Monday, August 01, 2011

Happy Bloomsday!

(For various reasons this didn't get published on the actual day, so here it is two months later.)
Tain Mural, Dublin
 No, I haven't read Ulysses. But when I spent a semester studying in Dublin in the Fall of 1986, I lived with a lovely family a block from James Joyce's Tower, in Sandycove, County Dublin. So I figured today was as good an excuse as any for me to revisit my photos from last year's trip, specifically the Dublin portion.  That's as much of a connection I'll be making to Joyce, however.  So if you're here hoping for an illustrated tour of Bloomsday, my apologies, and good luck with your google search. 
Saint Stephen's Green

It probably won't surprise anyone that when you have a country as small and as saturated with writers as Ireland, you're going to come across literary landmarks quite often.  I was tickled a few years ago, when I was reading At Swim Two Boys, to discover that much of the action is set at the Gentlemen's Bathing Area, which is situated not far from Joyce's Tower.  I never went swimming there; as much as I love cold water, the Irish Sea in Autumn is too frigid even for me.  Word was the area was still 'men only, bathing suits optional' at certain hours of the day, though. 
Saint Stephen's Green
The country is small; I think the population is hovering around five million now, and in 1986 it was closer to four million.  I was to discover that this meant Dublin was both a cosmopolitan city (complete with international celebrities) and a small village (everyone knew each other, including the famous people).  The founder/registrar of the school I attended was an old chum of Paddy Maloney, the founder and leader of the Chieftains.  Because of their friendship, the group gave a concert in the lounge of our school, for about thirty of us.  This was something they did each year, apparently, and even relished, since it was one of the few opportunities they still had to play without amplification.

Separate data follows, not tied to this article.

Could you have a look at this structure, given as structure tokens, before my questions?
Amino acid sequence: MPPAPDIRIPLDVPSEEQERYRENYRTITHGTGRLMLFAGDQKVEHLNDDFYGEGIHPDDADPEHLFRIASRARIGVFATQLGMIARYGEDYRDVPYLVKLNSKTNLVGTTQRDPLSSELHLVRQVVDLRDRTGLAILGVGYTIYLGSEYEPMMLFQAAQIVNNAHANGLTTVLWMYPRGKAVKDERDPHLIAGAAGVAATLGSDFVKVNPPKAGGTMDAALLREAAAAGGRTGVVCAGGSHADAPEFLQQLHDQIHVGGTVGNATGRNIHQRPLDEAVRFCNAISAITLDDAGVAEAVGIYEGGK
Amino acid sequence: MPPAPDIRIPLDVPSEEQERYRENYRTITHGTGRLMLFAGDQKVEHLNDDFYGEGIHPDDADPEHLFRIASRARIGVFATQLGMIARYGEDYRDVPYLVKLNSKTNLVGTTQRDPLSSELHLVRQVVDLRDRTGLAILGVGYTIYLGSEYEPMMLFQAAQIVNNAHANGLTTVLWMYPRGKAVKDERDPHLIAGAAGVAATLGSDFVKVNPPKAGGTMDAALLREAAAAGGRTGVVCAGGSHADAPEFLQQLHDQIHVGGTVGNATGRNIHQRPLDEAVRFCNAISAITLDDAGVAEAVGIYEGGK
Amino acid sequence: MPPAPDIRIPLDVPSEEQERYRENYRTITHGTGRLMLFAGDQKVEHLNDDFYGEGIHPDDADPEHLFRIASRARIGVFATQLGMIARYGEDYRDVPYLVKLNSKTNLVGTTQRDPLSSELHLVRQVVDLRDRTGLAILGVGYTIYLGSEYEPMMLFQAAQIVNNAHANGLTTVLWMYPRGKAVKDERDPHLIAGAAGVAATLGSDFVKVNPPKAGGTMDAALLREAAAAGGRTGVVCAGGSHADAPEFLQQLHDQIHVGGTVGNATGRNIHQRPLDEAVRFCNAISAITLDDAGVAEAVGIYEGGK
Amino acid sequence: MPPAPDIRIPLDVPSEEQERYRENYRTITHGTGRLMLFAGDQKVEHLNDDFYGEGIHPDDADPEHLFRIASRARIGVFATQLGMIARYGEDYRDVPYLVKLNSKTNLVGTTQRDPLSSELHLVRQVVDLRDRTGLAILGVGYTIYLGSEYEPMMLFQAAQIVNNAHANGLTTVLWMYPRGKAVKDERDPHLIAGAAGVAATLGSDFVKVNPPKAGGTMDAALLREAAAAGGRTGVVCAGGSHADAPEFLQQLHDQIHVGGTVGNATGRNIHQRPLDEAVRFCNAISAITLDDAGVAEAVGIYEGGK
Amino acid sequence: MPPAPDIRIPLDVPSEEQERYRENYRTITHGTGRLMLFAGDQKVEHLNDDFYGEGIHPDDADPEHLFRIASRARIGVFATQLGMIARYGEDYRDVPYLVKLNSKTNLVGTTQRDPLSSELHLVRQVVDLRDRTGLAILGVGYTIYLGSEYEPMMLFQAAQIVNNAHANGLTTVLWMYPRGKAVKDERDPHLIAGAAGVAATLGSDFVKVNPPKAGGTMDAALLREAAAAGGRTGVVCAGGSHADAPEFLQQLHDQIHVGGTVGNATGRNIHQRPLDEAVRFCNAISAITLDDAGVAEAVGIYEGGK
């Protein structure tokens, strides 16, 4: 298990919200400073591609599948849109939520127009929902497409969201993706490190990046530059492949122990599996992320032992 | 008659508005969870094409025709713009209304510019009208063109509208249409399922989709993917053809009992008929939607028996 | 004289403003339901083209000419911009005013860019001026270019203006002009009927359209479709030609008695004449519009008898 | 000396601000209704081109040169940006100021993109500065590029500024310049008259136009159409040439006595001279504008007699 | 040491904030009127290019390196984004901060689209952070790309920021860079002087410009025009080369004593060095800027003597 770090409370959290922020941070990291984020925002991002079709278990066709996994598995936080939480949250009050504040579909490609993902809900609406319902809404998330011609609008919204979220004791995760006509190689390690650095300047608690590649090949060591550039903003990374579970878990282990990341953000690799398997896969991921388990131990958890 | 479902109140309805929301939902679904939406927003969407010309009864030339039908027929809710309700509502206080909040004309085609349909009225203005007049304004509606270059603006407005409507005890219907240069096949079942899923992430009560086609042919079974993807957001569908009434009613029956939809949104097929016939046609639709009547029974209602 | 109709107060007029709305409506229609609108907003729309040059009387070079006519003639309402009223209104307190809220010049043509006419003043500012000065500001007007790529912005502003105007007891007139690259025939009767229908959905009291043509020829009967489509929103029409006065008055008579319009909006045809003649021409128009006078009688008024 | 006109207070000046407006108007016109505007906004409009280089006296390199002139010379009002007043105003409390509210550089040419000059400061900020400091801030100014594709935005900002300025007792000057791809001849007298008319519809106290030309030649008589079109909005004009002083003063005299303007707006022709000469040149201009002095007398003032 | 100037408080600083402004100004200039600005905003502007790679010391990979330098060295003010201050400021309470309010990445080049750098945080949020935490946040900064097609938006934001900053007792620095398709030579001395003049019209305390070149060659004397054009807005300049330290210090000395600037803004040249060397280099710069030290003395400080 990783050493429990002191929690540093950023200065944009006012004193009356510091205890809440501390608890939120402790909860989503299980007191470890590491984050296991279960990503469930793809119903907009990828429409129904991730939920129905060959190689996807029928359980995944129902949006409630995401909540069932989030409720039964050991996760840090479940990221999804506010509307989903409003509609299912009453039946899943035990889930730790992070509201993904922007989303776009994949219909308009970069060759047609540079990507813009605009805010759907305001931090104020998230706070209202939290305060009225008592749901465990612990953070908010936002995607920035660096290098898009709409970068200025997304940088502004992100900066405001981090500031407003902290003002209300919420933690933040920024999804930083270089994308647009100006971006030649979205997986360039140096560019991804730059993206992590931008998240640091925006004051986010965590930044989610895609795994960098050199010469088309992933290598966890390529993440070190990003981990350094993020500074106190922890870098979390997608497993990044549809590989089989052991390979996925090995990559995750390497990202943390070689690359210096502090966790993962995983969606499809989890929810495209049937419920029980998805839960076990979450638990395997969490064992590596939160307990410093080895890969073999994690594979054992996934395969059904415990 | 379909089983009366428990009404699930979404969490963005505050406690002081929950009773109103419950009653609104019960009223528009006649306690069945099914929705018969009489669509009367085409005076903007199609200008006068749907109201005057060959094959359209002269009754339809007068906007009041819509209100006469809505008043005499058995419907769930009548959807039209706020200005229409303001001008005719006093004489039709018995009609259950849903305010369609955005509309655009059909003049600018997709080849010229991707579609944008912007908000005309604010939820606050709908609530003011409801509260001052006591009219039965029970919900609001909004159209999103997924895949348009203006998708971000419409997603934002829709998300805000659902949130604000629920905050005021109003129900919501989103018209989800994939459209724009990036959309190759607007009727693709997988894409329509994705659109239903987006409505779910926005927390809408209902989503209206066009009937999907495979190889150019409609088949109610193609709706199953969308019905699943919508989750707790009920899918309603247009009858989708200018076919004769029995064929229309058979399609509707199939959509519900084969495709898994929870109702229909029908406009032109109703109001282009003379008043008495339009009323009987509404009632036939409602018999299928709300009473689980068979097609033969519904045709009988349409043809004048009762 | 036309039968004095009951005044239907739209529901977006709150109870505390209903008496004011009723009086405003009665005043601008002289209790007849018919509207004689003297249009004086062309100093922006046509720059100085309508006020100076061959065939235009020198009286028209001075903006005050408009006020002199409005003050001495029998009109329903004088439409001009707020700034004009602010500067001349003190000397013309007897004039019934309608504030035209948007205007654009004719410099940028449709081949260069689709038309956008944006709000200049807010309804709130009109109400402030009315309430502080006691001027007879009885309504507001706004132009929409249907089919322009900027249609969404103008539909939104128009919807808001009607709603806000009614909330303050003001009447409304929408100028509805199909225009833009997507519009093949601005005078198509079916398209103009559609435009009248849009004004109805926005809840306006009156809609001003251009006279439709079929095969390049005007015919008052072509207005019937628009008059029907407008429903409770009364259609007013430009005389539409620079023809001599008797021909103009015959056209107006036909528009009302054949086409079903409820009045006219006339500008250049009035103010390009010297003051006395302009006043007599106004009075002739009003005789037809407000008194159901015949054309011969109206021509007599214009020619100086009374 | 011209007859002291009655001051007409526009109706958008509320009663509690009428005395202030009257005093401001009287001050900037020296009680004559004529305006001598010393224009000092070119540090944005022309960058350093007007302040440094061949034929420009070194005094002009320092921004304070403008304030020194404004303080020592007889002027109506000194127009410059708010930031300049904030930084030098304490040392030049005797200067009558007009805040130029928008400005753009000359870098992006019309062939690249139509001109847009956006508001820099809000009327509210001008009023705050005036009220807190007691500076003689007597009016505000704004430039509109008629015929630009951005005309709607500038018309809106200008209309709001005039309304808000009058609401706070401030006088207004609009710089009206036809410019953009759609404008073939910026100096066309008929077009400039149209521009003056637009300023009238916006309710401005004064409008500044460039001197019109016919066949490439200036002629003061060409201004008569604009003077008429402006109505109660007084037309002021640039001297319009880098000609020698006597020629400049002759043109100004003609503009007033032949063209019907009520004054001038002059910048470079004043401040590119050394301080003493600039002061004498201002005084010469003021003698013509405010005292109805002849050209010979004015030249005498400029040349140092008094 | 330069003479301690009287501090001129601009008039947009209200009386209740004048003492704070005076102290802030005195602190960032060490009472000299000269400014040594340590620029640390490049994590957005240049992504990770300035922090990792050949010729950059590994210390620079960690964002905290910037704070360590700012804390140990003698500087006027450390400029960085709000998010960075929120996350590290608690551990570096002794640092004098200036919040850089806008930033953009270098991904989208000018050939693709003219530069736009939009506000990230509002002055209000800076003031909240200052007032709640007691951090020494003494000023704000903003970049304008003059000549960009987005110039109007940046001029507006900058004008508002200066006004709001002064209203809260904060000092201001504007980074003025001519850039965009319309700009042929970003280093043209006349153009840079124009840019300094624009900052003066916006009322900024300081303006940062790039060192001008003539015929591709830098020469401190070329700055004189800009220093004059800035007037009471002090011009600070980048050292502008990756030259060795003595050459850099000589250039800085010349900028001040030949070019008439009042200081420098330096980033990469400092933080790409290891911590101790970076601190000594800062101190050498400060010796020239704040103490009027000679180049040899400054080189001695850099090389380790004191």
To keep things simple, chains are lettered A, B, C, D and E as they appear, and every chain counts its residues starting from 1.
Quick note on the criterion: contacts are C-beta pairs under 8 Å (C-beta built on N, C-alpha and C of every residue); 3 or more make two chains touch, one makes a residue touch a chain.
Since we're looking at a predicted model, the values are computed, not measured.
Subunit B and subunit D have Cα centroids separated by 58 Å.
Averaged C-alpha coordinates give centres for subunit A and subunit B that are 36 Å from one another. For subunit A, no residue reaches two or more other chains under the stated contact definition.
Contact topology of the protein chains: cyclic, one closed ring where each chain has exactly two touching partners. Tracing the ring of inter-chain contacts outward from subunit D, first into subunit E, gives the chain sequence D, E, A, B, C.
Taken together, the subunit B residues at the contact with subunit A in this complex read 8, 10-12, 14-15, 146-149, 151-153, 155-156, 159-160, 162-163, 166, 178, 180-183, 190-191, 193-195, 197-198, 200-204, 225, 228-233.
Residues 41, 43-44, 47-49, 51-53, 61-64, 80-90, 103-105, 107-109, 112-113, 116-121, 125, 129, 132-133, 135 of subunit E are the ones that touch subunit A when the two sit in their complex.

Memorial to Constance, Countess Markevicz, Saint Stephen's Green
Seamus Heaney gave a reading for us in that same room.  David Norris, who I came to learn was credited with starting the LGBT movement in Ireland, was on the faculty (teaching Joyce, by the way, oh look there's another connection).  My host mother was an old school chum of U2's manager.  Had I been staying in town one day longer, I might have been able to see their hometown concert.  For FREE.  Sigh. 
Saint Stephen's Green
Given all this, it didn't surprise Mary and me to discover that we'd be spending the flight to Shannon sitting next to Malachi McCourt.  He was every bit as charming in person as he had always seemed on TV.  Like us, he was travelling in part to honor a brother who had died recently, in his case his brother Frank.  A school in Limerick was endowing a chair in Frank's honor the following day. 
Ha'Penny Bridge, Dublin
Thanks to the volcano in Iceland, we were looping to the north, which added at least two hours to the flight, but with a gifted storyteller as company, the time flew by. 
River Liffey, Dublin
 He asked us what we planned on seeing, and we mentioned one of our first stops would be at Kenny's Bookshop, in Galway. 
"Oh, I'm afraid it's closed," he said.  We were crushed.  Kenny's has been around for decades, and has supported many great writers.  Dad came across it sometime in the sixties, I believe, and it's been a regular pilgrimage stop for all of us ever since. 

The Foggy Dew, Dublin
 Of course bookstores are dying out all over the world, thanks in large part to the internet, and with Ireland's economic troubles, it didn't surprise us at all that Kenny's might have succumbed.  Once we arrived in Galway though we were delighted to discover that shop hadn't closed, it had simply moved.  In fact the move had been due to a needed expansion of the bookstore, art framing department, and art gallery.  It was a bit of a walk to the new location (we had elected not to rent a car), but we found the shop spacious and well-stocked.  Browsing was still encouraged, even to the point of the store providing free tea and coffee and comfy couches.  Mary and I spent two happy hours there. 
Dublin near the Center of Town. 
When we went up to make our purchases, we told Rosemary, the lovely woman working the cash register, how glad we were to find the place, especially after we'd had our scare courtesy of Mr. McCourt. 

"Malachi said that?" she exclaimed.  She shook her head, tsked a bit.  "We have to call him!"  It was like she was talking about a rascally-yet-beloved uncle.  Off she went to inform the owner of the store of the situation.  I have no doubt that he immediately called Mr. McCourt, and teasingly scolded him for spreading false information. The Irish are big ones for teasing.  Sorry if we got you in trouble, Mr. McCourt!  I'm sure you're as delighted as we were to find the place thriving. 

Near the River

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